6. GUI elements
Here, the main GUI (Graphics User Interface) elements are described and named. The names used here are the ones that you will find across the project's documentation.

6.1. Basic GUI elements
Here is a screenshoot of Minibloq's main window, as seen when it starts the first time:


6.2. Menu and Quick toolbar
Both the Main menu and the quick toolbar are dockable (and can be turned into floating windows). The quick tool bar can even be hidden (Alt + Q or View->Quick toolbar menu)


In future software versions, toolbar's buttons may become customizable, but now, we made our best to design a minimalistic GUI as functional as possible.

6.3. Hardware
In this window you can select both the type of board you are using, and the port to which that board is connected. It shows a simplified board image, with labels showing where to connect some external hardware (like certain kinds of sensors, motors, etc.). We are working to make these connections user-configurable in the future, but most of them are fixed in the current software version. This window is dockable and to hide or show it, you can both use the View->Hardware menu or press Alt + H:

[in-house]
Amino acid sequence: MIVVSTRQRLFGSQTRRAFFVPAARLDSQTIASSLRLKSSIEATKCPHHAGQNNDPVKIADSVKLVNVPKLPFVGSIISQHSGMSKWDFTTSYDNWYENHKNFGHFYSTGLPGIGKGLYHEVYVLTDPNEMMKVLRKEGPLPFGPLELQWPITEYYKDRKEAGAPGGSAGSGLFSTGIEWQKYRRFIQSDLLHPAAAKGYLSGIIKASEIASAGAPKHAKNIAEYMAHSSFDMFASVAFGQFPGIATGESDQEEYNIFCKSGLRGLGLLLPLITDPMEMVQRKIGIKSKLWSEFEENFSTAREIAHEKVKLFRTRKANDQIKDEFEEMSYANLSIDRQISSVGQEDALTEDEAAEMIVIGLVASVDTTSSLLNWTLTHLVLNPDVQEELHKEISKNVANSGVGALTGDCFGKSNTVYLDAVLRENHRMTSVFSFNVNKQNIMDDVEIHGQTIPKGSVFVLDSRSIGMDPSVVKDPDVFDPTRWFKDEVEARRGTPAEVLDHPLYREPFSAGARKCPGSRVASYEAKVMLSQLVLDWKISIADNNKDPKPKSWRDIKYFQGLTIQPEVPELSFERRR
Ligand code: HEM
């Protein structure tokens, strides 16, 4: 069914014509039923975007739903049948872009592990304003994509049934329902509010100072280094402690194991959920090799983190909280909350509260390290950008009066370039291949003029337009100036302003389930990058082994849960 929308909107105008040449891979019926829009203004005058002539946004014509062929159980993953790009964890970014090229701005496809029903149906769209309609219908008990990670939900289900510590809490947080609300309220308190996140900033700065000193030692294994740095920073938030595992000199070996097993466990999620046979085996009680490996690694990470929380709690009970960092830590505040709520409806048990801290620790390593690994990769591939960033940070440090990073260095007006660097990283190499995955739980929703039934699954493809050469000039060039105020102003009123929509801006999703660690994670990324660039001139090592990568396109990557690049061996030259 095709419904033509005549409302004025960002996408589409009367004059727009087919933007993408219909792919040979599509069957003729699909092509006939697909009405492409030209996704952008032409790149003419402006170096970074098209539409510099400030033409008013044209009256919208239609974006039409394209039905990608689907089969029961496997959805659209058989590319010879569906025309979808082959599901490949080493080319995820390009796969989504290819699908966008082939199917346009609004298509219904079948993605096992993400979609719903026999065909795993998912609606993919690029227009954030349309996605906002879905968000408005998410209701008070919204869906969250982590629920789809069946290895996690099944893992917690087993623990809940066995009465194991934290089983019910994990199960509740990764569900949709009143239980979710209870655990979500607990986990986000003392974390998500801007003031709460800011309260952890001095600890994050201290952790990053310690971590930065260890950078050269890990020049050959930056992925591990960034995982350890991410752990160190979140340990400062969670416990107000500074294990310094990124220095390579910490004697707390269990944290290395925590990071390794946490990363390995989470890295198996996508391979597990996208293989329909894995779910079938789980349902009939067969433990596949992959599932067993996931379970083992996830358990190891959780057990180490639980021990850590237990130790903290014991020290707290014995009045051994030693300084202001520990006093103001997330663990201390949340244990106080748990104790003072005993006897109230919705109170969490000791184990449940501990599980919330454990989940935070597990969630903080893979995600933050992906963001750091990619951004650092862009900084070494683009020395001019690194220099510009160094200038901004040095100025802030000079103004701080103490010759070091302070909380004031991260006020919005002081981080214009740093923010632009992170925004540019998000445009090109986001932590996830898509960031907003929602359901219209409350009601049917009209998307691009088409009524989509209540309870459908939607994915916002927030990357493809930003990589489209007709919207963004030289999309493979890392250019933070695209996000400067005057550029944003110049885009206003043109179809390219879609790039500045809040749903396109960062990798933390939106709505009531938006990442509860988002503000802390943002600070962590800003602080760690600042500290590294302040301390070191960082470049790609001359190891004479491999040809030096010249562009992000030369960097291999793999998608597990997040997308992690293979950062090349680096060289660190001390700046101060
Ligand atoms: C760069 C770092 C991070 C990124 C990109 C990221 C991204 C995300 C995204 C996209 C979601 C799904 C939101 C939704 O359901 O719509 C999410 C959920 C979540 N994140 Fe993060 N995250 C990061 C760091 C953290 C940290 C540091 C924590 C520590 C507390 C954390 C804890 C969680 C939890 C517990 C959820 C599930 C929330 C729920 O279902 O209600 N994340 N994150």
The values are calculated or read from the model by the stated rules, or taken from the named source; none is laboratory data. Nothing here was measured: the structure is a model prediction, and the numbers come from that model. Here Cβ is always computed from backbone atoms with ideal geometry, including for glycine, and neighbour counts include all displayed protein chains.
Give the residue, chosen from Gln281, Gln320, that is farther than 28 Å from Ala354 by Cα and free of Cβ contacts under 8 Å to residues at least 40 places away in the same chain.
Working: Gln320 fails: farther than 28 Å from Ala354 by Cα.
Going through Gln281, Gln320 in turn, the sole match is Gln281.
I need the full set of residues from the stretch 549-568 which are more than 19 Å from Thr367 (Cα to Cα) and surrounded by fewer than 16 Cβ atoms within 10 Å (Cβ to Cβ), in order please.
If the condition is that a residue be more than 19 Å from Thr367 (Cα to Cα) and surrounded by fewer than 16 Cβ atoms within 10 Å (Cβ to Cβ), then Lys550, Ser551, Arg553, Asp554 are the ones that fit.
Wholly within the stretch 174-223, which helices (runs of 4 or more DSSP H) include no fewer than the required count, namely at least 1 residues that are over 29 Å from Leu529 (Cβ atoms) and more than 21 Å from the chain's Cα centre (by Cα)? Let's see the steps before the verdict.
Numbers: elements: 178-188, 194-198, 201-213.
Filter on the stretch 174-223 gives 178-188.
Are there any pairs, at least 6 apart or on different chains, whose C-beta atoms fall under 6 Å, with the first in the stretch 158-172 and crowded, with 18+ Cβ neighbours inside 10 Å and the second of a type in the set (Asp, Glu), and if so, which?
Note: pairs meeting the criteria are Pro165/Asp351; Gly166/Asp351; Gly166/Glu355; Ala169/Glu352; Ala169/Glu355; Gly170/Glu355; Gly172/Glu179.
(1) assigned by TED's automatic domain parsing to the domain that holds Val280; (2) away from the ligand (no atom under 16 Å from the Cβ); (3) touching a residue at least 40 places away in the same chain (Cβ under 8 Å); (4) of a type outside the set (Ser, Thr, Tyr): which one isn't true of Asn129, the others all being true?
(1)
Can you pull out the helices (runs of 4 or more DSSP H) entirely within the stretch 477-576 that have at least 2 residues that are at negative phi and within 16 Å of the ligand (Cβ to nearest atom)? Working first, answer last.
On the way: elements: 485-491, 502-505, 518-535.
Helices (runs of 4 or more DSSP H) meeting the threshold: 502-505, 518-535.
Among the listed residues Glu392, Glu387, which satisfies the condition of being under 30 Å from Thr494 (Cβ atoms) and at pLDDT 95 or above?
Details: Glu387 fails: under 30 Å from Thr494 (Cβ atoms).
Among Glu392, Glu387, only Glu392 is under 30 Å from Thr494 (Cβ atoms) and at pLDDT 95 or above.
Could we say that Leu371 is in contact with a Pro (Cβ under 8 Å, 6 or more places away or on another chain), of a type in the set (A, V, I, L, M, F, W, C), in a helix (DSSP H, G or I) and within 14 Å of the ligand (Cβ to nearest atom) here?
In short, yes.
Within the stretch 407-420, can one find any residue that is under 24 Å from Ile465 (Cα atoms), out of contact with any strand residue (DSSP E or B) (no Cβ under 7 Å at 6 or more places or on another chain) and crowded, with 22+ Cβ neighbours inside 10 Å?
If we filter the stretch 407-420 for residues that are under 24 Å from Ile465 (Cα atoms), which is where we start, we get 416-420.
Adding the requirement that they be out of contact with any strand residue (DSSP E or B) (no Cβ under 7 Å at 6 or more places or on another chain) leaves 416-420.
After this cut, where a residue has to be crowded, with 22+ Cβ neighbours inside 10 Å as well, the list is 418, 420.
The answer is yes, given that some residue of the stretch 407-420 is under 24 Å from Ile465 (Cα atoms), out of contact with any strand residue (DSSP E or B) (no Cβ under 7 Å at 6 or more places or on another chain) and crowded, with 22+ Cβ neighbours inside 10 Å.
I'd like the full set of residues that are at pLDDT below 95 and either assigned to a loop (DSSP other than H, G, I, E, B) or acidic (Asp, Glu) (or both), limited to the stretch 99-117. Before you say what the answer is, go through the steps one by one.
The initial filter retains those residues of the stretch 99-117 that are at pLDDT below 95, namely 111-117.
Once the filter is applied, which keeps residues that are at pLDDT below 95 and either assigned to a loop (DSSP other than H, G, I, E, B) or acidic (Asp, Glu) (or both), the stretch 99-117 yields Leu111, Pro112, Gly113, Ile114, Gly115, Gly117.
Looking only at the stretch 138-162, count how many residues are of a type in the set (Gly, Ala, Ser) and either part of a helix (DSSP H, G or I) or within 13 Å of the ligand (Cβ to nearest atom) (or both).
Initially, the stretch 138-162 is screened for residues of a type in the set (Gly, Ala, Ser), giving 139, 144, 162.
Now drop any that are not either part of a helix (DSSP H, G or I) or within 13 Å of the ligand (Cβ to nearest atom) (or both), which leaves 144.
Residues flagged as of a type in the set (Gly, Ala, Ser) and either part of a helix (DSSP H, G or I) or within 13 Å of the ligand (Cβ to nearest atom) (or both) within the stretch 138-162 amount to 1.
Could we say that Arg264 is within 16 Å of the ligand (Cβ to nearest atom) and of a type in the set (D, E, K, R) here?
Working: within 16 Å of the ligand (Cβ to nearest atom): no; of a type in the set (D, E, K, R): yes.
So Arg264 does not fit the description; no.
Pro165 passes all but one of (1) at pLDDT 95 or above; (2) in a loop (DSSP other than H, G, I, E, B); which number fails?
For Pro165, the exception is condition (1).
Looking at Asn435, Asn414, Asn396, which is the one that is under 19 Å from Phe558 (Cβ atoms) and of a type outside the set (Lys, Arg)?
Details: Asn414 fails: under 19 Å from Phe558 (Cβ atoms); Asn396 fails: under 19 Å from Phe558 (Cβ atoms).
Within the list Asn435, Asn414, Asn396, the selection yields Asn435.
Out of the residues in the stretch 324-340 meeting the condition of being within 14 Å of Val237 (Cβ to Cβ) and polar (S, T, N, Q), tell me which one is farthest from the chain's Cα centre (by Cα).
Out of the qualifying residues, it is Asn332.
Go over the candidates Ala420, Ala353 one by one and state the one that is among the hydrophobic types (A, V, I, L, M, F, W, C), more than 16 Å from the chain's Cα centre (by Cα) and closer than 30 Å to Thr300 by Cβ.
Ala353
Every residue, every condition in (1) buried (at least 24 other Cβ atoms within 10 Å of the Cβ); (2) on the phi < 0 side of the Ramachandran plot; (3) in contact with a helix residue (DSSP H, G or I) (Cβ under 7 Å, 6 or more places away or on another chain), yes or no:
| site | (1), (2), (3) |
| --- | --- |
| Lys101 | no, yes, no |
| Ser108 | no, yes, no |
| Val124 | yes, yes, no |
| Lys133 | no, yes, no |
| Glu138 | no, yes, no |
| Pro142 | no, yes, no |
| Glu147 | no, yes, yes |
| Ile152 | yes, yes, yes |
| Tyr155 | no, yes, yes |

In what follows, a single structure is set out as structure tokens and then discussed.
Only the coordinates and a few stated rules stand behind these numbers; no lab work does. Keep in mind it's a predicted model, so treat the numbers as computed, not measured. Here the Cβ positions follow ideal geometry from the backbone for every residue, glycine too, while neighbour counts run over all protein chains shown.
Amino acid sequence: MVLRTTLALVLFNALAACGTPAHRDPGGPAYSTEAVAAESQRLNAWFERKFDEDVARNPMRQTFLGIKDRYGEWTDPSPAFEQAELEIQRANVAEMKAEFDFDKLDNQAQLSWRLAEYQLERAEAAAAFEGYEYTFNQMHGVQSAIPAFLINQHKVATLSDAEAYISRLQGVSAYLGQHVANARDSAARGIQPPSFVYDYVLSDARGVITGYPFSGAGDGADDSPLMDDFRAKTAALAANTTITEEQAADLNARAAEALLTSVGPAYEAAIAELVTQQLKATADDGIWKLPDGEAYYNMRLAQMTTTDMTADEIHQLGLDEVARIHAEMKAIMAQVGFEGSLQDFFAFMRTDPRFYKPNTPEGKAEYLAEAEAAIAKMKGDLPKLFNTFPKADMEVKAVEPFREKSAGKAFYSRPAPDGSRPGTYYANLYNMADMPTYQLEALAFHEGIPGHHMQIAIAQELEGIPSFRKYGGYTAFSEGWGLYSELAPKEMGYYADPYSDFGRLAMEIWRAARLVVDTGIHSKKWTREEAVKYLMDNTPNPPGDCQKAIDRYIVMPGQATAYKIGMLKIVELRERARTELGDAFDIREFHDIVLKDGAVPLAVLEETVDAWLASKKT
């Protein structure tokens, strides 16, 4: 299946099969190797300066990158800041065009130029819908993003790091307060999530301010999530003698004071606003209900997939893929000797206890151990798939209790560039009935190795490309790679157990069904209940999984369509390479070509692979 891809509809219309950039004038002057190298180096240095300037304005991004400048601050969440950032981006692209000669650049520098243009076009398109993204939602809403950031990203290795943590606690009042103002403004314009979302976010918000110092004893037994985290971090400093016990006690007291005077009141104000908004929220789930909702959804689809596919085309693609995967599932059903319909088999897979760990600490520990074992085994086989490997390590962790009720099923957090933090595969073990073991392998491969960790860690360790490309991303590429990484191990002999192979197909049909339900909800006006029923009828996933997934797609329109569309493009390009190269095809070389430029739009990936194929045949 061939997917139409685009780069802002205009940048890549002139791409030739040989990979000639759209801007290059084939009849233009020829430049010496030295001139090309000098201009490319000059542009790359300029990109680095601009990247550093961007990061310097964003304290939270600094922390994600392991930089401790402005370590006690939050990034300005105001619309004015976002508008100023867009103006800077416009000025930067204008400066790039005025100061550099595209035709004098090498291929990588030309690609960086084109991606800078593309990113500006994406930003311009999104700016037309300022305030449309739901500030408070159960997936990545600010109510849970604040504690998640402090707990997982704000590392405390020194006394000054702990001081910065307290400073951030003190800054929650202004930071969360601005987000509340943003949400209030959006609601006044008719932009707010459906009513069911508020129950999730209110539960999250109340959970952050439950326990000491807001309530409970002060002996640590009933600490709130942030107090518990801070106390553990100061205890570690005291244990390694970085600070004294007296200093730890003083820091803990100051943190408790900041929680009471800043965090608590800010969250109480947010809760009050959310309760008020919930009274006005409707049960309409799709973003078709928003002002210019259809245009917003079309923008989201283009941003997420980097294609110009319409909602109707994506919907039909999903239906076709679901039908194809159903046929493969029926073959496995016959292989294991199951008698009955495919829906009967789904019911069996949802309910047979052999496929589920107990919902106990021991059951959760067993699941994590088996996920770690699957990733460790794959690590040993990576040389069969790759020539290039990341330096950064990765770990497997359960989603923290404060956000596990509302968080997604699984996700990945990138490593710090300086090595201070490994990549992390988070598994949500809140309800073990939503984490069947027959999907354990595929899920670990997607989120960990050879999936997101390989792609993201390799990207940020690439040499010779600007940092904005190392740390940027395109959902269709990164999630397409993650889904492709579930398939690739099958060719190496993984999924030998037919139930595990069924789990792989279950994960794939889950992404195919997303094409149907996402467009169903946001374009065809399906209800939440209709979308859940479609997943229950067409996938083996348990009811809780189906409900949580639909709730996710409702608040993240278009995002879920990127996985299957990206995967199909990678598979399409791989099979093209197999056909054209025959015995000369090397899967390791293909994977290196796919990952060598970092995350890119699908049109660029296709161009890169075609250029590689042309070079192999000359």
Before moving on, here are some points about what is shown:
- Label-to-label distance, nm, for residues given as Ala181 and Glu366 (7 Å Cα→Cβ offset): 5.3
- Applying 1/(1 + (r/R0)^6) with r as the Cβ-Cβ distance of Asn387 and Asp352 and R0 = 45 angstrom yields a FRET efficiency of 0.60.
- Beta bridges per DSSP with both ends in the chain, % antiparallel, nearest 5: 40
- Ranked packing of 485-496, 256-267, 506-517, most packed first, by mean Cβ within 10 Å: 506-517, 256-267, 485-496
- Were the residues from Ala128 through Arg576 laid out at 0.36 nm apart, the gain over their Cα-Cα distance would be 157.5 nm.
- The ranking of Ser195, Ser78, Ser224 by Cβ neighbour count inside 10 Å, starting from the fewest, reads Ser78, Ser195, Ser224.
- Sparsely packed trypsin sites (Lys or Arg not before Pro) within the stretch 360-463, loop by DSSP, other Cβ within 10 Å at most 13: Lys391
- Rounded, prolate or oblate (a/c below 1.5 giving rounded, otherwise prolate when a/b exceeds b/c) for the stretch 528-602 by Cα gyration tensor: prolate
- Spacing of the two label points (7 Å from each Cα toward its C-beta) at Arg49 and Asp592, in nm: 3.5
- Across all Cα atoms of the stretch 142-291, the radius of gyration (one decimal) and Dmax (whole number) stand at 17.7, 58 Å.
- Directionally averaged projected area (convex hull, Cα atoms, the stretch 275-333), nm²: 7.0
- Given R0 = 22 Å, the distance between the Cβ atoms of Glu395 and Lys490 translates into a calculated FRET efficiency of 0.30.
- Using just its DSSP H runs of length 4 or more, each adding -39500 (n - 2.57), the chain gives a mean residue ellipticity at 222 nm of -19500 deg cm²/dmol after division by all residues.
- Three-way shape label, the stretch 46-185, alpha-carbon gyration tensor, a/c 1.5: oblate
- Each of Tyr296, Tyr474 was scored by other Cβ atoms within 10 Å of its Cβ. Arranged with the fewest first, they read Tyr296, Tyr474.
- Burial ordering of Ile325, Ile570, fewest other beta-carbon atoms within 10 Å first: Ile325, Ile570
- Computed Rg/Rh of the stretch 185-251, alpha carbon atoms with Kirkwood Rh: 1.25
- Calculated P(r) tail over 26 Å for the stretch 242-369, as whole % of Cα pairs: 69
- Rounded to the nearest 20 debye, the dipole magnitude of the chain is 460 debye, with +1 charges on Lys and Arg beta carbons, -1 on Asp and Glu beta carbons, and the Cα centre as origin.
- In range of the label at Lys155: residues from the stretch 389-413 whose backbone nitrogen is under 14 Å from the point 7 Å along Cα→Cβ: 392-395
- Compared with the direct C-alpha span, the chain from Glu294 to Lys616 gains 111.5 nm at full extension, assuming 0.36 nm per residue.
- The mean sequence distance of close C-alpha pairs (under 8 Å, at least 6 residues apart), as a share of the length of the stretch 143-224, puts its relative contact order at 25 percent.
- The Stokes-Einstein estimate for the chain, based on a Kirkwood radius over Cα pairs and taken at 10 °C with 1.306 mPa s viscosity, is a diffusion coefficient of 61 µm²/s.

A word about selecting the right communication port for your hardware:
  • Windows: Except for some devices (like the DuinoBot.v1.x.HID, for which Minibloq automatically sets the correct port), you will need to select a COM port from the Port combo box manually. This is the same process for most software environments (such as the Arduino IDE), but if you are not sure which COM to select, a small tip you can do is this: unplug your hardware for a few seconds, and see which ports are listed (by pressing the small yellow arrow in the Port combobox). Then plug the hardware again. Now take a look to the listed ports, and the one that was not present before is (most probably) the one belonging to your board.
  • GNU/Linux: The above described process works the same way for GNU/Linux. But there is a small problem: when running in GNU/Linux, you will probably see a lot of possible ports to select. Some example names under Ubuntu are: Arduino Mega 2560 is in general listed as /dev/ttyACM0 and FTDI based boards (such as the Seeeduino Mega 1280) are listed as /dev/ttyUSB0.